Lamar Jackson has joined historic company.
The 27-year-old quarterback was named the NFL's Most Valuable Player for the second time Thursday at NFL Honors in Las Vegas. Jackson is just the 11th player in league history to be named MVP multiple times.
After winning his first in 2019 by unanimous vote, joining Tom Brady as the only unanimous winners in league history, Jackson fell just one vote short of doing it again. Jackson received 49 of 50 first place votes.
Jackson joins a legendary list that includes Patrick Mahomes, Joe Montana, Kurt Warner and Steve Young as two-time MVP winners. Peyton Manning is the all-time leader with five MVPs, followed by Aaron Rodgers (four) and three-time winners Brady, Jim Brown, Brett Favre, and former Baltimore Colts Hall of Fame quarterback Johnny Unitas.
But no quarterback ever won two MVPs so young. Jackson did it in just six seasons, and only three as a full-time starter who played the entire year.
"First and foremost I want to thank my Lord and Savior Jesus Christ," Jackson said on stage after accepting the award. "Without Him, nothing is possible.
"I want to thank my organization, the Baltimore Ravens, for finally getting a deal done," Jackson said with a chuckle. "Shout out to (General Manager) Eric (DeCosta), shout out to (Owner) Steve (Bisciotti), Coach (John) Harbaugh), the whole unit. My offensive line, I can't thank them enough for what they've done. I'm not out there blocking, catching the ball, doing everything. It's a team thing for these awards. And I want to thank my family at home. You guys have a great night, and that's all folks."
Jackson put an exclamation point on his regular season from Weeks 11-17 to lock up the MVP. The Ravens won six straight games to finish with the league's best record (13-4) and Jackson was named AFC Offensive Player of the Month for December/January.
A second MVP award seems fitting for a player who is unique, electrifying, and still ascending. He throws from every arm angle, leaves defenders grasping for air, and makes fans rise from their seats.
Sometimes even Jackson can't explain how he does what he does. One of his signature moments occurred in Week 15 against the Jaguars, when he somehow ducked under Dawuane Smoot to avoid a sack, then lofted a pass to Isaiah Likely for a leaping catch.
After Jackson made the throw, Smoot looked at Jackson in disbelief. Week after week, Jackson made memorable plays.
Jackson threw 14 touchdown passes and just two interceptions during his final six regular games, leading Baltimore to the AFC North title and a first-round bye. He finished the regular season with career highs in passing yards (3,678), completions (307), completion percentage (67.2), and average yards per completion (8) while throwing 24 touchdown passes and just seven interceptions.
While Jackson's pocket presence and accuracy improved, he remained an electrifying runner who made would-be tacklers miss with regularity. Jackson led the Ravens and all NFL quarterbacks with 821 yards rushing, averaging 5.5 yards per carry while continuing to stress defenses with his arm and mobility. In November, Jackson became the fastest quarterback in league history to reach 5,000 yards rushing, achieving that milestone 22 games faster than Michael Vick.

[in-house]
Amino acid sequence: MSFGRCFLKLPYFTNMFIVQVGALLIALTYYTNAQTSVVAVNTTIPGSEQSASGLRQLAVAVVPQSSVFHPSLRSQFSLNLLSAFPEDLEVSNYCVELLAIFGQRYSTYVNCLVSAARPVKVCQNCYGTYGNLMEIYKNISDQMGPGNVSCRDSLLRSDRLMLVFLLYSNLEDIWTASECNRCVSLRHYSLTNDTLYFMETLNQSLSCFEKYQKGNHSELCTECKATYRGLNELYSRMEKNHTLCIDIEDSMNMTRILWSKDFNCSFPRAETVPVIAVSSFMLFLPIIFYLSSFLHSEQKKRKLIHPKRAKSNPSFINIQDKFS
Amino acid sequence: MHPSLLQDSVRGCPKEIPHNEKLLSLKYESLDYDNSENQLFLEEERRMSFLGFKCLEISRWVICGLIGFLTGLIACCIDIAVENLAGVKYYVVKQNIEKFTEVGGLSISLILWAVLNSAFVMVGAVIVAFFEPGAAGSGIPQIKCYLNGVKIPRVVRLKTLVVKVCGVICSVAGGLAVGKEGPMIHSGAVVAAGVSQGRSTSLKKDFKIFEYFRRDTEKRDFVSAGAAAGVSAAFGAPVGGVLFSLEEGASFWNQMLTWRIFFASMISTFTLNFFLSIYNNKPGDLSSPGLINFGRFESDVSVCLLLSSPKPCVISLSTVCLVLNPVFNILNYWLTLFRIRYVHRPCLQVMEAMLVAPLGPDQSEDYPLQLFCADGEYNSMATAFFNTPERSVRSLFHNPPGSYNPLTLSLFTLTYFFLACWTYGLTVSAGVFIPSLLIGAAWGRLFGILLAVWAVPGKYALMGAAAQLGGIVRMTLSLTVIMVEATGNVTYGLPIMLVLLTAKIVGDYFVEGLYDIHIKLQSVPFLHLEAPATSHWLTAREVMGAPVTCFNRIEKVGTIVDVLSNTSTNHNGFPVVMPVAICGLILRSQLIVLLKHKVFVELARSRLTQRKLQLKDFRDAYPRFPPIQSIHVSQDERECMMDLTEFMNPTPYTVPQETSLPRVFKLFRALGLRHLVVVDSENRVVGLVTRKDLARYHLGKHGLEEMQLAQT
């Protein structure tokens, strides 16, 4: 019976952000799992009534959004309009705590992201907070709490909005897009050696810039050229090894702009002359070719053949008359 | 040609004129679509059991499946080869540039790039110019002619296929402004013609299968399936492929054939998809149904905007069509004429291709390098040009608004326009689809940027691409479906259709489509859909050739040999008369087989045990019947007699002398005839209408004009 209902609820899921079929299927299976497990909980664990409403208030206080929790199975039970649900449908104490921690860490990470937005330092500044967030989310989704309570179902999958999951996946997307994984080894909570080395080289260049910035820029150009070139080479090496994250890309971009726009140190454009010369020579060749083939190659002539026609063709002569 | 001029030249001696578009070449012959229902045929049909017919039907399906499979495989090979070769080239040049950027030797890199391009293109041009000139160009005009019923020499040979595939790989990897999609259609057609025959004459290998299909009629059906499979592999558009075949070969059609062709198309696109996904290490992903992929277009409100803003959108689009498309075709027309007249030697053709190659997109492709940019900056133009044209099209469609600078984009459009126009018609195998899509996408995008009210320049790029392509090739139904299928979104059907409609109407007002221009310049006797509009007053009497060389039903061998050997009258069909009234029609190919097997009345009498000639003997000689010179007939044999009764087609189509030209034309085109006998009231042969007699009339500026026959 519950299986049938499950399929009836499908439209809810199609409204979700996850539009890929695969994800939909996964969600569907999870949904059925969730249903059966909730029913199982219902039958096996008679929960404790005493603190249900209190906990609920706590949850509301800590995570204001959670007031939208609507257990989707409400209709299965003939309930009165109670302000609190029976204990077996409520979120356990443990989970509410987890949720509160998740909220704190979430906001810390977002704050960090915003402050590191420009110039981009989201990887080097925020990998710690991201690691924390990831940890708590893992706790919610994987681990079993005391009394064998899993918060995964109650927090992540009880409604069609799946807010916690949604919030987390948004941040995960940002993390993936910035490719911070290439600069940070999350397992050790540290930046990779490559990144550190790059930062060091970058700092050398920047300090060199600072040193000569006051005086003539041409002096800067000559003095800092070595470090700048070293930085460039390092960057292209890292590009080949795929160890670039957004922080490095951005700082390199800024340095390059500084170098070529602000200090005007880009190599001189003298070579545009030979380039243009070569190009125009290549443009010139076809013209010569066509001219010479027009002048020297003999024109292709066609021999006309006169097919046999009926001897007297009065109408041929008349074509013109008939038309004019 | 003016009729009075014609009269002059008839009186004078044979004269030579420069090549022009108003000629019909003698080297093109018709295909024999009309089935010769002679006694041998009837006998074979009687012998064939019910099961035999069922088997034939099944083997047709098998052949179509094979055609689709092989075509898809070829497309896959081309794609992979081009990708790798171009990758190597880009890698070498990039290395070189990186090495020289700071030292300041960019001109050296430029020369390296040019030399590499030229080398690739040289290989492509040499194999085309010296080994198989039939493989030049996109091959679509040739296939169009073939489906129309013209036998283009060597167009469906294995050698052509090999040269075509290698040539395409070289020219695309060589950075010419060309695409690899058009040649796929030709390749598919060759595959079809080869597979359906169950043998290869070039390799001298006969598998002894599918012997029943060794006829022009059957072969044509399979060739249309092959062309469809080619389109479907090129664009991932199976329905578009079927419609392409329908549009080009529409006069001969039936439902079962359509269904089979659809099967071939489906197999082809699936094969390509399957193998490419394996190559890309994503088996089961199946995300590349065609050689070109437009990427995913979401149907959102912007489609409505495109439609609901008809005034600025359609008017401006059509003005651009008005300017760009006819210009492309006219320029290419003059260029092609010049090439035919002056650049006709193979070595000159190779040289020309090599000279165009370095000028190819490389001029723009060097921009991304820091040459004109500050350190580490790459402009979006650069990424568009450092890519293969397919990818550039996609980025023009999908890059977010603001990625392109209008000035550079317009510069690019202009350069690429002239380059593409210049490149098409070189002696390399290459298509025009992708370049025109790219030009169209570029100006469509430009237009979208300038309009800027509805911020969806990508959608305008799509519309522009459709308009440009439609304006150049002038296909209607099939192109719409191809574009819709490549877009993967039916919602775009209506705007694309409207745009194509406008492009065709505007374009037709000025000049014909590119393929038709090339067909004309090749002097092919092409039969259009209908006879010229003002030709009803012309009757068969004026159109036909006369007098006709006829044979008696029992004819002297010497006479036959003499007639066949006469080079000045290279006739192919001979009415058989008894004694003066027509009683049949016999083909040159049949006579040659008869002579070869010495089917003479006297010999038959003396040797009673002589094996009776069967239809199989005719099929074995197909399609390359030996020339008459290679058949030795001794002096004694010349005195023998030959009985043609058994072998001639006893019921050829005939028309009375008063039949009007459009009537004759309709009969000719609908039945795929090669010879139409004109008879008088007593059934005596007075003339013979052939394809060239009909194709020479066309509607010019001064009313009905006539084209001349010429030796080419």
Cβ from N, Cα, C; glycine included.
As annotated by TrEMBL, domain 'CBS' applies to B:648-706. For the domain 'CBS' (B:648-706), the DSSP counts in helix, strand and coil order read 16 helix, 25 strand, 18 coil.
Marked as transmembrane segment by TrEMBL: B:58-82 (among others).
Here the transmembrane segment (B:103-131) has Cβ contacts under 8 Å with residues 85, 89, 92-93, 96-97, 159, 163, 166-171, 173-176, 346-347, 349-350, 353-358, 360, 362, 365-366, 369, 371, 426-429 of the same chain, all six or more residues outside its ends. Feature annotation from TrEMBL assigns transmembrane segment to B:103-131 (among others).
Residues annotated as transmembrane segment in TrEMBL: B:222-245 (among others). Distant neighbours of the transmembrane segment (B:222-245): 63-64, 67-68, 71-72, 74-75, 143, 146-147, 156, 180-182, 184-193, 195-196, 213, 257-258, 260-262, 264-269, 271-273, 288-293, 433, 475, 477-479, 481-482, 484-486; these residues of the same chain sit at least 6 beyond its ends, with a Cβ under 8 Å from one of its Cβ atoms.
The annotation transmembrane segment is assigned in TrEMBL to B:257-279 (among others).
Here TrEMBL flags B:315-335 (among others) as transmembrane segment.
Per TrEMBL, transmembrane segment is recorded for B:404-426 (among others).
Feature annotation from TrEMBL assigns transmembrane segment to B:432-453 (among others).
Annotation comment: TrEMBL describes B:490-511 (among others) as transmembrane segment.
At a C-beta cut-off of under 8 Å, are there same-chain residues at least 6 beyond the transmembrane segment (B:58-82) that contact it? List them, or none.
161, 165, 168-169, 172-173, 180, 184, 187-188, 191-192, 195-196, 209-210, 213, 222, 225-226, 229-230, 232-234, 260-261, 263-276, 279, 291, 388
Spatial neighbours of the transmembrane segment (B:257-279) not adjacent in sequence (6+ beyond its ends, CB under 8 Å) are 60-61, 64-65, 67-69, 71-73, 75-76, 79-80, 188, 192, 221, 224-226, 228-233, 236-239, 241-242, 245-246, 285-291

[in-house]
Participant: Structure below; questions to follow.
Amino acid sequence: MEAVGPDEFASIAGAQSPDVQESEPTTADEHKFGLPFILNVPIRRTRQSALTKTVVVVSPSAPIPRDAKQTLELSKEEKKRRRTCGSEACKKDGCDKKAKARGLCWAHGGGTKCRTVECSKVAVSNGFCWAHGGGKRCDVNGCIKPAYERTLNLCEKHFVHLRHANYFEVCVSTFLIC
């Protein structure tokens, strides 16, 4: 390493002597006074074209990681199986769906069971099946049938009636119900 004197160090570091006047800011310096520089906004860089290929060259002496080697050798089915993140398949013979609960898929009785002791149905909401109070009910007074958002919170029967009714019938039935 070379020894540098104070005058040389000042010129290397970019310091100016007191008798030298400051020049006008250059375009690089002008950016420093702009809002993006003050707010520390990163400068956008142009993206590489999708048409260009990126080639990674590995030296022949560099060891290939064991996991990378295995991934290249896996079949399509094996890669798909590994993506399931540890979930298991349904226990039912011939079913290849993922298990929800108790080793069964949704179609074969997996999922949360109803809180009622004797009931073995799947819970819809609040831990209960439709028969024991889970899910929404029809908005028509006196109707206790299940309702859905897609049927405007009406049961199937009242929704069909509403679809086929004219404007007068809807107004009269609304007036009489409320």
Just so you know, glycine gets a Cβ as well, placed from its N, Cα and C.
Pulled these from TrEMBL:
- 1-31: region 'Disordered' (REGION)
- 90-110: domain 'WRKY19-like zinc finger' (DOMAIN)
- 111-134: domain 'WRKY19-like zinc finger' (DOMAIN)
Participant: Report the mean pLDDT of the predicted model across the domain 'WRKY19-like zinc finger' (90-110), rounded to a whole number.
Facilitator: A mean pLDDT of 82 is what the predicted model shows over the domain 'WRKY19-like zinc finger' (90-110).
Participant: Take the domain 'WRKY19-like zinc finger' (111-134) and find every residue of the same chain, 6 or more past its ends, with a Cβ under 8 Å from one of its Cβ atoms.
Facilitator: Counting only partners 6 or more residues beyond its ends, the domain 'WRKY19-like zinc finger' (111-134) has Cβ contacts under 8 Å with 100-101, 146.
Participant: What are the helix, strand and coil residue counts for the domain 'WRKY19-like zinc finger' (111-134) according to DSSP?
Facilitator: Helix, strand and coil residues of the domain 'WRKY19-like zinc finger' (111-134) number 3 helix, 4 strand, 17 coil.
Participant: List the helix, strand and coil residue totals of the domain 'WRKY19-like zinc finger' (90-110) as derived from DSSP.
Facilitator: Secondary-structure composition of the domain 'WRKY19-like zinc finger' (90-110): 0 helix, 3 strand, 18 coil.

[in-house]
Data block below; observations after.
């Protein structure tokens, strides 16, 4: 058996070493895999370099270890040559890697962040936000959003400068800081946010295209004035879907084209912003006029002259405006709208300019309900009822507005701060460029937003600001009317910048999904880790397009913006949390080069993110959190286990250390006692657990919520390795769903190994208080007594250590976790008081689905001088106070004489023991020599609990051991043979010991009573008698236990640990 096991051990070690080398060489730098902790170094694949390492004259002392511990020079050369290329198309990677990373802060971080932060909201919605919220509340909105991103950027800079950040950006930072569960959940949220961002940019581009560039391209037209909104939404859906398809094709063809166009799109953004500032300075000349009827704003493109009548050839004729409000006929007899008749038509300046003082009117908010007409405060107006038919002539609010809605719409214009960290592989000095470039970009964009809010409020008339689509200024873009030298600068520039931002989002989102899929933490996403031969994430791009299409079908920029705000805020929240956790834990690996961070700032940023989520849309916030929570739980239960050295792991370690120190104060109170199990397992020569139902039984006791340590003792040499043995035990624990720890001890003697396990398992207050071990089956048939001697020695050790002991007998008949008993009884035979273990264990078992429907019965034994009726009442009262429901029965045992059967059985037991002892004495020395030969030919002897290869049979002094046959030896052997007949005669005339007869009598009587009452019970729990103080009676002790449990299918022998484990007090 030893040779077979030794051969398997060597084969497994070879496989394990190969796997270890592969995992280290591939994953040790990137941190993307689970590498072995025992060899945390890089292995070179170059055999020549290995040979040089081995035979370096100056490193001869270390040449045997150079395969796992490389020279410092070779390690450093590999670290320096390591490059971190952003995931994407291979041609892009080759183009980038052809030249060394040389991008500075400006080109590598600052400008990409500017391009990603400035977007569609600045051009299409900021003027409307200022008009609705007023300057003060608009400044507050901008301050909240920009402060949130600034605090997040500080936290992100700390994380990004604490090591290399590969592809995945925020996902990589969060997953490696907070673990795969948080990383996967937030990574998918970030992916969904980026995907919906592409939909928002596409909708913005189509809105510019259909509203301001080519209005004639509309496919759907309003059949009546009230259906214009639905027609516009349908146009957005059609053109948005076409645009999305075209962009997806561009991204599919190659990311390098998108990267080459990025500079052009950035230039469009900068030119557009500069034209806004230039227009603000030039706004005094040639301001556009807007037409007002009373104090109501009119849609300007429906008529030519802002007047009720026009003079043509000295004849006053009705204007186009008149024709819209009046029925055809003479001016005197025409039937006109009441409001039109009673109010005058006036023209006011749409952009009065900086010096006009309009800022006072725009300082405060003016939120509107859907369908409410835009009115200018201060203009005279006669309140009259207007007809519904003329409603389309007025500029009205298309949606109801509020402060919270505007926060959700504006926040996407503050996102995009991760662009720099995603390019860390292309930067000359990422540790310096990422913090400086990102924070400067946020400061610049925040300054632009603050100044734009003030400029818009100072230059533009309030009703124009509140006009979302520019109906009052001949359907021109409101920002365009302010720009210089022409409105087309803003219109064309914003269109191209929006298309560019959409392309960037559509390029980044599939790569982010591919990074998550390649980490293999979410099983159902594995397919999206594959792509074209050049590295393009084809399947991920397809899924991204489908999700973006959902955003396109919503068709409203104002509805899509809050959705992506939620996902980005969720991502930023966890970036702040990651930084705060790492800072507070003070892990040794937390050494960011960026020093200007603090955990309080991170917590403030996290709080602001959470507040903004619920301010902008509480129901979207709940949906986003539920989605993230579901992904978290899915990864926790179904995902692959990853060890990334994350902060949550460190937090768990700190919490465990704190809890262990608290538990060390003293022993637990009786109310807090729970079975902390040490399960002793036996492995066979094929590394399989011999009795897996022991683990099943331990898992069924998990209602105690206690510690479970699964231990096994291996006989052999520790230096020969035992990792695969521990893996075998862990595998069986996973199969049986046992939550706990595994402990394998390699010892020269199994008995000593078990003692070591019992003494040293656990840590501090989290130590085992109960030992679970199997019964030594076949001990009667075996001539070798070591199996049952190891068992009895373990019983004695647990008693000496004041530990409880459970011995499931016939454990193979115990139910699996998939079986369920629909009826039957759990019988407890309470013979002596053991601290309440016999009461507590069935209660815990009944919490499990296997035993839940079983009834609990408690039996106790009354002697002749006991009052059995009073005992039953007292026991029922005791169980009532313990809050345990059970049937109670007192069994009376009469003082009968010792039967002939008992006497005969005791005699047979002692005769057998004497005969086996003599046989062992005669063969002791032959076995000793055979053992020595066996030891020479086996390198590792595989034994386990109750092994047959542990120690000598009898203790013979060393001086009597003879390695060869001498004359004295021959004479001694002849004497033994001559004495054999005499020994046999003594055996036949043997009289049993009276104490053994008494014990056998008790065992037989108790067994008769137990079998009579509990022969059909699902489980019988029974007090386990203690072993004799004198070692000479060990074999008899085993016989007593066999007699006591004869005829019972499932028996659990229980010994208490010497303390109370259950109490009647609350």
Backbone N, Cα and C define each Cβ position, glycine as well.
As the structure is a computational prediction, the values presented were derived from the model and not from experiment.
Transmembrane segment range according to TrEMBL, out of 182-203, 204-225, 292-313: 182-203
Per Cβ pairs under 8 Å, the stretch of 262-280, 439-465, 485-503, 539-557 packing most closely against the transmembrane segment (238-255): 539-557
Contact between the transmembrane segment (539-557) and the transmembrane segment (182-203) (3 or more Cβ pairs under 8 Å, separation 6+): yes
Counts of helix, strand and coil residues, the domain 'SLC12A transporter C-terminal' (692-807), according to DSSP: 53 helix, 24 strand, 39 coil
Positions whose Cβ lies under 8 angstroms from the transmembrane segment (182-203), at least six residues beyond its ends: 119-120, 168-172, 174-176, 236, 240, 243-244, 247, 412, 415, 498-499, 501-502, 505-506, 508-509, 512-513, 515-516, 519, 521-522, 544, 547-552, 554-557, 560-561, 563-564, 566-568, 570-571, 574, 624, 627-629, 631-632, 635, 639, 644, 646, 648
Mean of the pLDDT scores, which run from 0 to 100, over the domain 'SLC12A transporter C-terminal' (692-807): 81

In his first season with Offensive Coordinator Todd Monken, Jackson was given more freedom to change plays, routes and protections at the line of scrimmage and embraced the responsibility. He became a more vocal and purposeful leader, a mindset he called "locked in,", and the team responded to the tone he set.
"You've seen a lot of changes he's done to be not just the star player but also the leader of the team," said Pro Bowl cornerback Marlon Humphrey, who has been Jackson’s teammate for six seasons. "From getting the extra workout, being the first one in, breaking the team down, the speeches, getting on guys.
"It's been really encouraging. He gets his big contract and he's really filled all the roles, upped them from what he's already done. He's always going to step up his play, but how he's carried himself, leadership wise — people see it and people really respect it."
Many of Jackson's best games came against teams that also reached the postseason. He threw for a season-high 357 yards in a 38-6 rout over the Lions. He threw for two touchdowns and 259 yards when the Ravens defeated the 49ers on Christmas night, outplaying 49ers MVP finalists Christian McCaffrey and Brock Purdy.
Jackson's final regular season game may have been his best, a 56-19 rout over the Dolphins in which Jackson threw for 321 yards and a season-high five touchdowns. That victory clinched the AFC North and the No. 1 seed for Baltimore, and it became a forgone conclusion that Jackson would win the MVP.
During his six-year career, the Ravens are 58-19 during the regular season when Jackson starts. The season didn't end the way he hoped against the Chiefs in the AFC Championship, but Jackson was the driving force in getting the Ravens to within one victory of reaching the Super Bowl. Winning his second MVP is a significant achievement, and it won't diminish his determination to win a championship.
"In the National Football League, unless you don't make the playoffs, your last game is not a success unless you win the Super Bowl. You have to understand that," Head Coach John Harbaugh said last week. "When you don't win the last game, especially a home AFC Championship game, which is so rare and so hard to get to, then it's like, 'Whoa, is it a success (or) is it a failure?'
"Lamar Jackson is a phenomenal success. He's a phenomenal success as a football player. He's a phenomenal success as a person, as a leader, as a family man. In my opinion, there's nobody better in this league, especially nobody better for the Baltimore Ravens and for this organization and for this city."